“I know you’re right Hannah and I feel as if I’m acting like a 5-year-old who’s been left out of a birthday party. It just feels hurtful and I find it hard to control feeling slighted when I think about all the others who were invited when I wasn’t. I know it sounds childish but that’s how I feel.”
Hannah poured me a cup of tea and said, “The only reason I feel I can talk to you about this is because I used to suffer this way. I would view everything as a personal insult and felt everyone had an active social life but me. I told myself I was excluded, so I felt excluded. Fortunately, someone pointed out to me that if I wait for everyone else to love me in this world before I loved myself, I’d be left a sad and lonely woman. She explained that all of our lives include many curveballs with life circumstances that often don’t seem fair. If we truly realize our value, focus on what we do have and the strengths HaShem has given us, then we’ll waste less time thinking about everything we’re missing out on.
After speaking with Hannah for a long time, I realized I needed an overhaul in my thinking. I don’t know if it was the way she said it, or if I was just feeling vulnerable and open, but I was actually able to internalize the message she was trying to convey.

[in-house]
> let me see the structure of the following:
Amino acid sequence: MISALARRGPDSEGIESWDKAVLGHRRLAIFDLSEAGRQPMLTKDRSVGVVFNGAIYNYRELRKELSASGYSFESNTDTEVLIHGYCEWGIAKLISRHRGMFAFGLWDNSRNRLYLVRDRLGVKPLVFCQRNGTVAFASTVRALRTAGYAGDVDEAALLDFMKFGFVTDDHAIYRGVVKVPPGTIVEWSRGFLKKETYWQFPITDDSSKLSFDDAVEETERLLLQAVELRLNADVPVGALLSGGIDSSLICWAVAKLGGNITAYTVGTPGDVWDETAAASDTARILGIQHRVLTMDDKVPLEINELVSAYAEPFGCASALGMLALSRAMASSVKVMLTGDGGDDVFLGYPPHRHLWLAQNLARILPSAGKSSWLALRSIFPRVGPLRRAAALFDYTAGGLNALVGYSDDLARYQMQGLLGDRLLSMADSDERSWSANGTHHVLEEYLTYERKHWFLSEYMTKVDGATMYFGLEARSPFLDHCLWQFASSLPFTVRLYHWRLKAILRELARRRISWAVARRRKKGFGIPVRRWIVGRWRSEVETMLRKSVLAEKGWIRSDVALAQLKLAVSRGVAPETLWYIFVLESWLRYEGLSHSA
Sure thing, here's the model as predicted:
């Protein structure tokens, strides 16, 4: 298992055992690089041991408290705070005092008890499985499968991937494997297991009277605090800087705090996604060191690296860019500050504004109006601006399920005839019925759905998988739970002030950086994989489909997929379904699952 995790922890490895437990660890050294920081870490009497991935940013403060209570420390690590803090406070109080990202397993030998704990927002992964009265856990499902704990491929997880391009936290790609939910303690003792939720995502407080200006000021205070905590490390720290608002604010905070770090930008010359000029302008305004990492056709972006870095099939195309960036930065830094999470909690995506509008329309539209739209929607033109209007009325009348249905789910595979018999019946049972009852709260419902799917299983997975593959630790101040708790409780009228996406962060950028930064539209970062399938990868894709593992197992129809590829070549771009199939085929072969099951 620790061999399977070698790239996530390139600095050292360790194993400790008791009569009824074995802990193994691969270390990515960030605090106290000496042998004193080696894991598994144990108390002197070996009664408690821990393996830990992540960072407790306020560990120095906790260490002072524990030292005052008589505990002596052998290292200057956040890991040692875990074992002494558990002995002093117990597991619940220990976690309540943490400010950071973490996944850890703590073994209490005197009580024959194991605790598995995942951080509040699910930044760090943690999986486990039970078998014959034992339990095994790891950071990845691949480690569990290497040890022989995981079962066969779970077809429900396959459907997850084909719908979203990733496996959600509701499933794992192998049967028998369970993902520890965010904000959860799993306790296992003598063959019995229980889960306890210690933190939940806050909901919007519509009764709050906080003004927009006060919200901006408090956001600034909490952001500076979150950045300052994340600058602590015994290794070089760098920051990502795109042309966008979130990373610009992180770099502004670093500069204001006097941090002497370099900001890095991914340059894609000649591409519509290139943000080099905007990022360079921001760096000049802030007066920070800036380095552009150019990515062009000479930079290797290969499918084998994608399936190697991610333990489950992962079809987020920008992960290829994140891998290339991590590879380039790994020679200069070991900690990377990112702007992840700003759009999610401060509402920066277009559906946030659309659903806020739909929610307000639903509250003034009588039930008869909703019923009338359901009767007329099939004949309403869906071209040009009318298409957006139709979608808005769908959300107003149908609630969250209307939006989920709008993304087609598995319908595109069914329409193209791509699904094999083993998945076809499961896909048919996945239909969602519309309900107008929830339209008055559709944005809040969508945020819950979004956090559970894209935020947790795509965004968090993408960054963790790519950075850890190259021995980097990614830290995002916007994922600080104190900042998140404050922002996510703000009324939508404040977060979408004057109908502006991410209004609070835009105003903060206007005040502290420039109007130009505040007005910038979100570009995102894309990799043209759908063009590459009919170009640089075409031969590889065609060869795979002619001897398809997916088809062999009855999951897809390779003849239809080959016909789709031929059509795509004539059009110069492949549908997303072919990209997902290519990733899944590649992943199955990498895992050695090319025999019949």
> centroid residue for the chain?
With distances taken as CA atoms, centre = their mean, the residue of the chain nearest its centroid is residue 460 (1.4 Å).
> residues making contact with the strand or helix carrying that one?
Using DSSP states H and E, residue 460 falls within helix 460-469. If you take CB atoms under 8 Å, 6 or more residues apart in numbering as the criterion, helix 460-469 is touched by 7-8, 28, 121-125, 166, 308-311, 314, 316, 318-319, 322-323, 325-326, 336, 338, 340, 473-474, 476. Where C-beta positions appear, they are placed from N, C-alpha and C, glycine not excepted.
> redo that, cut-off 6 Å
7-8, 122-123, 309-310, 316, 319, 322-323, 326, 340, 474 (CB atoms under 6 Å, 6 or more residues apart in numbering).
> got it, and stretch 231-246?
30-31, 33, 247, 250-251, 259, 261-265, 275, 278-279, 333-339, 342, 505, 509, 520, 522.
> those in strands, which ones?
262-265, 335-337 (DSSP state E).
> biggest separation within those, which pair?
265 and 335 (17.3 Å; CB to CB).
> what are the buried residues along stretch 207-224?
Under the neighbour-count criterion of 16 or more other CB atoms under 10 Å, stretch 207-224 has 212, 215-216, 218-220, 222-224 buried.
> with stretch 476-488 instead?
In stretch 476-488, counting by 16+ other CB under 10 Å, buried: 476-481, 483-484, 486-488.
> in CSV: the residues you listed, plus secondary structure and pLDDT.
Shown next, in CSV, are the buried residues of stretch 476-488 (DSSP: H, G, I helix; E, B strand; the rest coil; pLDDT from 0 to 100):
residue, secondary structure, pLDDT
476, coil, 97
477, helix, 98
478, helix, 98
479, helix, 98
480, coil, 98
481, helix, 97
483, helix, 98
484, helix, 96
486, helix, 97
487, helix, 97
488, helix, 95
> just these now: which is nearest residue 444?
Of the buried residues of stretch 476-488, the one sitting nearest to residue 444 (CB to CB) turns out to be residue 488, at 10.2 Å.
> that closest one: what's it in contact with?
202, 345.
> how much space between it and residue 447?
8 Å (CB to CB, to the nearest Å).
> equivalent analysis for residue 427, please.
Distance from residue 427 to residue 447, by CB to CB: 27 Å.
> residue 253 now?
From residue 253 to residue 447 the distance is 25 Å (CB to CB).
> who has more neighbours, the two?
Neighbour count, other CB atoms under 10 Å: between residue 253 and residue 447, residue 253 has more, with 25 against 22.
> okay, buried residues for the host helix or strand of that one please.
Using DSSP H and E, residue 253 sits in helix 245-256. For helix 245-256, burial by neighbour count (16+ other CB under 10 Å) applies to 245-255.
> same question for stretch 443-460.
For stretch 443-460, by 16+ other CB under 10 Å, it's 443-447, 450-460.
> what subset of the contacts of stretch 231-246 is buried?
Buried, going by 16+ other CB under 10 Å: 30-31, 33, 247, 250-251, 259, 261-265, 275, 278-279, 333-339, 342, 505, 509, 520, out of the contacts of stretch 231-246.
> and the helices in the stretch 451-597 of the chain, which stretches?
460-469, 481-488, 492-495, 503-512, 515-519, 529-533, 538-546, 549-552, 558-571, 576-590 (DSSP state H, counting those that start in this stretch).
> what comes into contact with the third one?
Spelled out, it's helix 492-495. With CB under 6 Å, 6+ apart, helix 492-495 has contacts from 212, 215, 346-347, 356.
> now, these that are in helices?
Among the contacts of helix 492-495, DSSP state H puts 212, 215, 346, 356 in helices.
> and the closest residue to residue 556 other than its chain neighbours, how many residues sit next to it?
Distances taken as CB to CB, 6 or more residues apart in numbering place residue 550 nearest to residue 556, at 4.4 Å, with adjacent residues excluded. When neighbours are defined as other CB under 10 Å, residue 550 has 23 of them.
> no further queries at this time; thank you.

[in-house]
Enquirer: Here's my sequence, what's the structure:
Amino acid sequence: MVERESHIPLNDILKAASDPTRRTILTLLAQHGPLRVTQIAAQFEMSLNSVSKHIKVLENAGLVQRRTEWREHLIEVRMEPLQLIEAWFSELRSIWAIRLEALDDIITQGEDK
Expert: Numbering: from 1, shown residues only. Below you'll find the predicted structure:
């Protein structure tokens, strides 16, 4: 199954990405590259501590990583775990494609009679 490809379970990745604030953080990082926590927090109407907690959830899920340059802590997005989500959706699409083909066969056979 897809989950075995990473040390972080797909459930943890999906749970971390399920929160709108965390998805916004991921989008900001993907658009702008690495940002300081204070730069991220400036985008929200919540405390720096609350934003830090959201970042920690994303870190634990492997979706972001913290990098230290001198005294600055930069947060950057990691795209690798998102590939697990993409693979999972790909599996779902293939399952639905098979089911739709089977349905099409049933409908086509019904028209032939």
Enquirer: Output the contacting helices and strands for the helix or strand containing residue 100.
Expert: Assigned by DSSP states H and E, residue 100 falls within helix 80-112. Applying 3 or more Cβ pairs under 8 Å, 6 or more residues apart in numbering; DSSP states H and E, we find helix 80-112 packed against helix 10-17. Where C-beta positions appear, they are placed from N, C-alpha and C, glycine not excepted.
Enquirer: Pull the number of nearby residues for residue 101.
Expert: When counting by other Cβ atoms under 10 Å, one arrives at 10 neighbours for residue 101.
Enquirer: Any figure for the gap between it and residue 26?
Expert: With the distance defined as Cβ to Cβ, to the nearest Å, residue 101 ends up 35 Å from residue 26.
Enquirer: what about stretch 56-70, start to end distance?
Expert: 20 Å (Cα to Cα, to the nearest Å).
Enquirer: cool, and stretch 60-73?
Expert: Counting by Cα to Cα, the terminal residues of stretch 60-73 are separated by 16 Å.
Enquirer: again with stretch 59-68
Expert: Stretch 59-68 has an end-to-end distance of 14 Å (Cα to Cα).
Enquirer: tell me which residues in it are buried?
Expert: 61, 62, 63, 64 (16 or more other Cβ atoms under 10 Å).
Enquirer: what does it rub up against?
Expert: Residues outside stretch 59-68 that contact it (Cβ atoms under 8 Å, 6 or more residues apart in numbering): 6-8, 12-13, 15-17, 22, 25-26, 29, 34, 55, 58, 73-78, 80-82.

Hannah taught me that, in order to truly feel happy, be productive, and have healthy relationships, I must learn to take stock of my own life and realize how blessed I am. Focusing on everything I don’t have only creates an emotional reality of dissatisfaction. Being able to see my strengths and concentrate on the blessings in my life positively impacts my level of personal self-satisfaction and my relationships. Since this incident, I notice that when I feel good about myself, I am a better friend and a better e’ved HaShem (servant of G-d). When I truly love myself, not only do my relationships benefit but I also feel that I am optimally utilizing the soul HaShem has given me.
If everyone were to view themselves as tremendously worthwhile people, with a vast amount of potential, how would this change their relationships?
What happens to people who feel the need to be the best, or exceptionally successful, in order to feel good?
To what degree should other people’s opinions of you make you feel positively or negatively about yourself?
Stretch of the Week:
Every night before you go to sleep this week, review five positive acts you performed that day.